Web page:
As recently reported, with the reopening of the New York Stock Exchanges, persons on the floor are required to sign what is called a COVID-19 waiver. The text of such a waiver is unclear but its effect pernicious.
For a person who has a contract already, the waiver amounts to a modification of the contract. At common law, such modification requires consideration (though there is a doctrine that has tried to liberalize the common law requirements to make them more like the Uniform Commercial Code which does not require consideration but does require good faith). So, one can imagine that a person who gets sick or dies from COVID-19 brings a complaint against the employer or the New York Stock Exchange would face a defense from the defendant asserting that the employee signed a waiver and therefore the employer cannot be liable. However, there may be an alternative argument based on reliance by the employer that would have to be weighed in that setting. A difficult conundrum for a worker.
One line of argument for such a worker would be to argue there was no consideration for the waiver so that it is unenforceable as a matter of basic contract law. However, there may be arguments made that by continuing to work in the exchange they somehow have become bound by waiver, similar to the idea of employers being able to change handbooks at will, and by showing up to work the employee is accepting the changes.
Assuming no misrepresentation or nondisclosure, another line of argument might be that these waivers are voidable due to duress, undue influence, unconscionability, or public policy. The problem with duress would be of course the issue of whether the employee had a reasonable alternative. The problem with undue influence is establishing the oppression by the dominating party objectively and the subjective weakened state of the employee. The problem with unconscionability would be with identifying the procedural unconscionability in that setting even if one was to find such waivers substantively unconscionable. One must understand that the background reality of a pandemic would not itself serve as a basis for such claims.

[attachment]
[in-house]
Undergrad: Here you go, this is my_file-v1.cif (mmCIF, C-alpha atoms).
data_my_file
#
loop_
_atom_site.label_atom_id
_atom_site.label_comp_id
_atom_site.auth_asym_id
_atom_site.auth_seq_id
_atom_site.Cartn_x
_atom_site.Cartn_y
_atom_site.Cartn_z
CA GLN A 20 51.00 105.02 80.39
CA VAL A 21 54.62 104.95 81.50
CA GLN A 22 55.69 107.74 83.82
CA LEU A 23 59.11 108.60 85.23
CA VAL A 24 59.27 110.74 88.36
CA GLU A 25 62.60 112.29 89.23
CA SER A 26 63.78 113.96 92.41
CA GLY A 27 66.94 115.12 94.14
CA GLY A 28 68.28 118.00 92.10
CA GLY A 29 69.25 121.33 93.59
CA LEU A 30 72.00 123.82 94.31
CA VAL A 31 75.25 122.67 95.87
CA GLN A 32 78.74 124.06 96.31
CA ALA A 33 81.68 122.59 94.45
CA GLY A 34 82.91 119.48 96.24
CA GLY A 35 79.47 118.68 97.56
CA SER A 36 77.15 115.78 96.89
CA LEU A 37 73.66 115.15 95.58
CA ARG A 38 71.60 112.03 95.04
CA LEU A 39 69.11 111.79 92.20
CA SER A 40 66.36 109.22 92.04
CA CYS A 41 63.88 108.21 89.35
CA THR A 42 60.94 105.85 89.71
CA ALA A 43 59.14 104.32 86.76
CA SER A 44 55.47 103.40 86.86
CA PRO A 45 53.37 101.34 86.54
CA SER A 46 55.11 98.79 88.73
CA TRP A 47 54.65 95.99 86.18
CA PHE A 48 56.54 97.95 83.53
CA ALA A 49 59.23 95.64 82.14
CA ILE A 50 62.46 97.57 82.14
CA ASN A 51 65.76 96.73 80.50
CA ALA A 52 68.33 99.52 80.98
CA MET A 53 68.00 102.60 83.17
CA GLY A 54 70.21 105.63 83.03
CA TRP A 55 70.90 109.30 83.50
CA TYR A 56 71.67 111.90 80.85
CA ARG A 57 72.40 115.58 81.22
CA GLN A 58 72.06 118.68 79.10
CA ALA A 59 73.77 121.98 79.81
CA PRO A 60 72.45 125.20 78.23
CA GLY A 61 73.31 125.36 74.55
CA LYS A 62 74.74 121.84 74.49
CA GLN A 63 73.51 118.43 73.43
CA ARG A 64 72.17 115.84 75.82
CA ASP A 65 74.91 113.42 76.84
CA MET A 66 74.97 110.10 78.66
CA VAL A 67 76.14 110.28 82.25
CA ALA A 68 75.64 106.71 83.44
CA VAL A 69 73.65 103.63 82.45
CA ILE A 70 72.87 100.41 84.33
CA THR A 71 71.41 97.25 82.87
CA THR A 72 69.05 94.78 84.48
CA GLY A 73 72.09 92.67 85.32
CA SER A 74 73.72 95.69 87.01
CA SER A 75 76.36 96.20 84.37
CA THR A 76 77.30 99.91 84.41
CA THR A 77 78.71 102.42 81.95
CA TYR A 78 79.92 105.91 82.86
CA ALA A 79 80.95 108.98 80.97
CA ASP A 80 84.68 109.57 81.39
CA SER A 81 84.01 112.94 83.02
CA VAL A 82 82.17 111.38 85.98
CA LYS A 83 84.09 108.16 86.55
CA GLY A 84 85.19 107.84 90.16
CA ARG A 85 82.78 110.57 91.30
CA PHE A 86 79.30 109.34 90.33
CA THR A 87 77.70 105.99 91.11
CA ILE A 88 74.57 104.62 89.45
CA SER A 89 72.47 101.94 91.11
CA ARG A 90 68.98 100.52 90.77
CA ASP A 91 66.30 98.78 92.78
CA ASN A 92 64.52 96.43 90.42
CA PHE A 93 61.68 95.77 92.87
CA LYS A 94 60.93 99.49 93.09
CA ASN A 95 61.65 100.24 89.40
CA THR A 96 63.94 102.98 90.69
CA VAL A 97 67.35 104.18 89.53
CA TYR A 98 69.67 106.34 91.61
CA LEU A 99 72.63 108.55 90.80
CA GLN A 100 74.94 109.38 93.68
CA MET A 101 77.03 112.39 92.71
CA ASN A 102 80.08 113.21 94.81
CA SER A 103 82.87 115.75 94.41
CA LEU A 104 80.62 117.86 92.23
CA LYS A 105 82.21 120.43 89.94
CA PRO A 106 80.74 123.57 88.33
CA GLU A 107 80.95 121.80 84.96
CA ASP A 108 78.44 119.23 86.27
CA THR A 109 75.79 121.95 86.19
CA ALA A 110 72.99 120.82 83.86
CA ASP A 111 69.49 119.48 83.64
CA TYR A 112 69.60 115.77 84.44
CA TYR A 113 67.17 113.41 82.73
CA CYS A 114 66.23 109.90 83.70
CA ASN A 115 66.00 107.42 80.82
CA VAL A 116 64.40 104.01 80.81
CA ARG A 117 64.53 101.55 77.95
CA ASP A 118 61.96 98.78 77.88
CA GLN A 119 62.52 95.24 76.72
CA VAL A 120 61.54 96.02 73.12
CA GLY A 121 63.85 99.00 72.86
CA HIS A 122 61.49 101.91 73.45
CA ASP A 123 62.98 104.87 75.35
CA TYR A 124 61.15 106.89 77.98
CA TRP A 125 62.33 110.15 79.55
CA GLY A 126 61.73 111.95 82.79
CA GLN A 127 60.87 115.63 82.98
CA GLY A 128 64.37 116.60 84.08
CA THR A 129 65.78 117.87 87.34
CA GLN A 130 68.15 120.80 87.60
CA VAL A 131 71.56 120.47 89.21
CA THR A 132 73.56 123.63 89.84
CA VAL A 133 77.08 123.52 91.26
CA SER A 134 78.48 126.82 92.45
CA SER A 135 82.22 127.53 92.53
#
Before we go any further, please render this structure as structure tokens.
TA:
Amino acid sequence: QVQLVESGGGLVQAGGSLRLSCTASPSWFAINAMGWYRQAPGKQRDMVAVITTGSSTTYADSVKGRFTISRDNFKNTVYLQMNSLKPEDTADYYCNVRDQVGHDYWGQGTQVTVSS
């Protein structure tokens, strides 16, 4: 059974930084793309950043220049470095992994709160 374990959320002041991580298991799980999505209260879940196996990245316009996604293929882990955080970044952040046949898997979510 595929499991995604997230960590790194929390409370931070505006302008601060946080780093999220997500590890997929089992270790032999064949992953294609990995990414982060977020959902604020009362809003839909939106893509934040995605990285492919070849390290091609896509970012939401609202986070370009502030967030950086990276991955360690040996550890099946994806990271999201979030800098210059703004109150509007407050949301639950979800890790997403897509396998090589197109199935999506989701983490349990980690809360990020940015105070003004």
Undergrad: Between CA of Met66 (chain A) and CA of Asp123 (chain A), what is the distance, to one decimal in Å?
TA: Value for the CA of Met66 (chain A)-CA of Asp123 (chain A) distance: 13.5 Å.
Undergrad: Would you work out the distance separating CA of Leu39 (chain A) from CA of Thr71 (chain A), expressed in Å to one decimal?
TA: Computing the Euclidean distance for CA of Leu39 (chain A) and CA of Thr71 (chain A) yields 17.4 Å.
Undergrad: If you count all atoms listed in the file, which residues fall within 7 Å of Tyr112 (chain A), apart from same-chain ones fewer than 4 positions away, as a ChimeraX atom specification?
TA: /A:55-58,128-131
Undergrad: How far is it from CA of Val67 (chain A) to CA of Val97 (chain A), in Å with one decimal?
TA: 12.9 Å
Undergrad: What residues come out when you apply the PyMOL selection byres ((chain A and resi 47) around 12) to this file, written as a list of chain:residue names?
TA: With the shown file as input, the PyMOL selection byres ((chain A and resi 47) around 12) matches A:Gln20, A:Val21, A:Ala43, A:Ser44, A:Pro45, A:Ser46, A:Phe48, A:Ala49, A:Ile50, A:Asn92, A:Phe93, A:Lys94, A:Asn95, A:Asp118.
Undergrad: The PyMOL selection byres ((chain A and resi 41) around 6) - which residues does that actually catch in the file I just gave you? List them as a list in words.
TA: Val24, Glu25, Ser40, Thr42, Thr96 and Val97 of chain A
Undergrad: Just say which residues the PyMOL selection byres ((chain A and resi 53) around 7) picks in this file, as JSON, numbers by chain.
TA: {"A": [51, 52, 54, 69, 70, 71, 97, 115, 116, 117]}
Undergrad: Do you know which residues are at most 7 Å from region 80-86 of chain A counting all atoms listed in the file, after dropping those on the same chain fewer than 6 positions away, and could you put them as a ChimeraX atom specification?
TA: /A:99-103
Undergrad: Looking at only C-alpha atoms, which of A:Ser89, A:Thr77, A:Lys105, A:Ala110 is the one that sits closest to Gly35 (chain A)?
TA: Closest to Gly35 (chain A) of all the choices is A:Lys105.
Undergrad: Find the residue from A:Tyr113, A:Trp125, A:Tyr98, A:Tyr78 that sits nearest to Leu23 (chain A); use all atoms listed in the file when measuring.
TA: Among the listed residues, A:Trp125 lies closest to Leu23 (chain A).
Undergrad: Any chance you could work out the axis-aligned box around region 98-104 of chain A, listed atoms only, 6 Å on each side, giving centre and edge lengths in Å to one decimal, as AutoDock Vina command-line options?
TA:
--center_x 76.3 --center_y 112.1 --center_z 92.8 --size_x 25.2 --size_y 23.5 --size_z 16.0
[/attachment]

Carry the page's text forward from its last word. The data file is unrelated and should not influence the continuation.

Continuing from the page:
So that leaves public policy. But there are problems there. On the one hand, there is a presumption in favor of enforcing contracts – a public policy. So, to assert public policy one has to show some kind of clear countervailing public policy that would apply, and that said the countervailing public policy is advanced by the voiding of the waiver. In the absence of clear state or federal legislation or guidance, that public policy assertion might not prosper.
Add to this that most if not all of the people who are being required to sign such waivers are most likely in contracts that have arbitration clauses. The effect is that the jurisdiction of courts is ousted in favor of arbitral tribunals of private persons. Whether those arbitral tribunals will be sophisticated enough to do public policy or other types of analysis in the situation of a pandemic is an open question. After all, the arbitral tribunal gets its source of power from the arbitration clause in the contract – as opposed to a court getting its power through the jurisdictional power granted under state or federal constitutions and statutes.
And, keep in mind that such waivers may extend to tort analysis raising a specter of arbitral tribunals examining both contractual and tort claims, along with any statutory claims that might be raised. All of these claims might be subsumed in this COVID-19 waiver.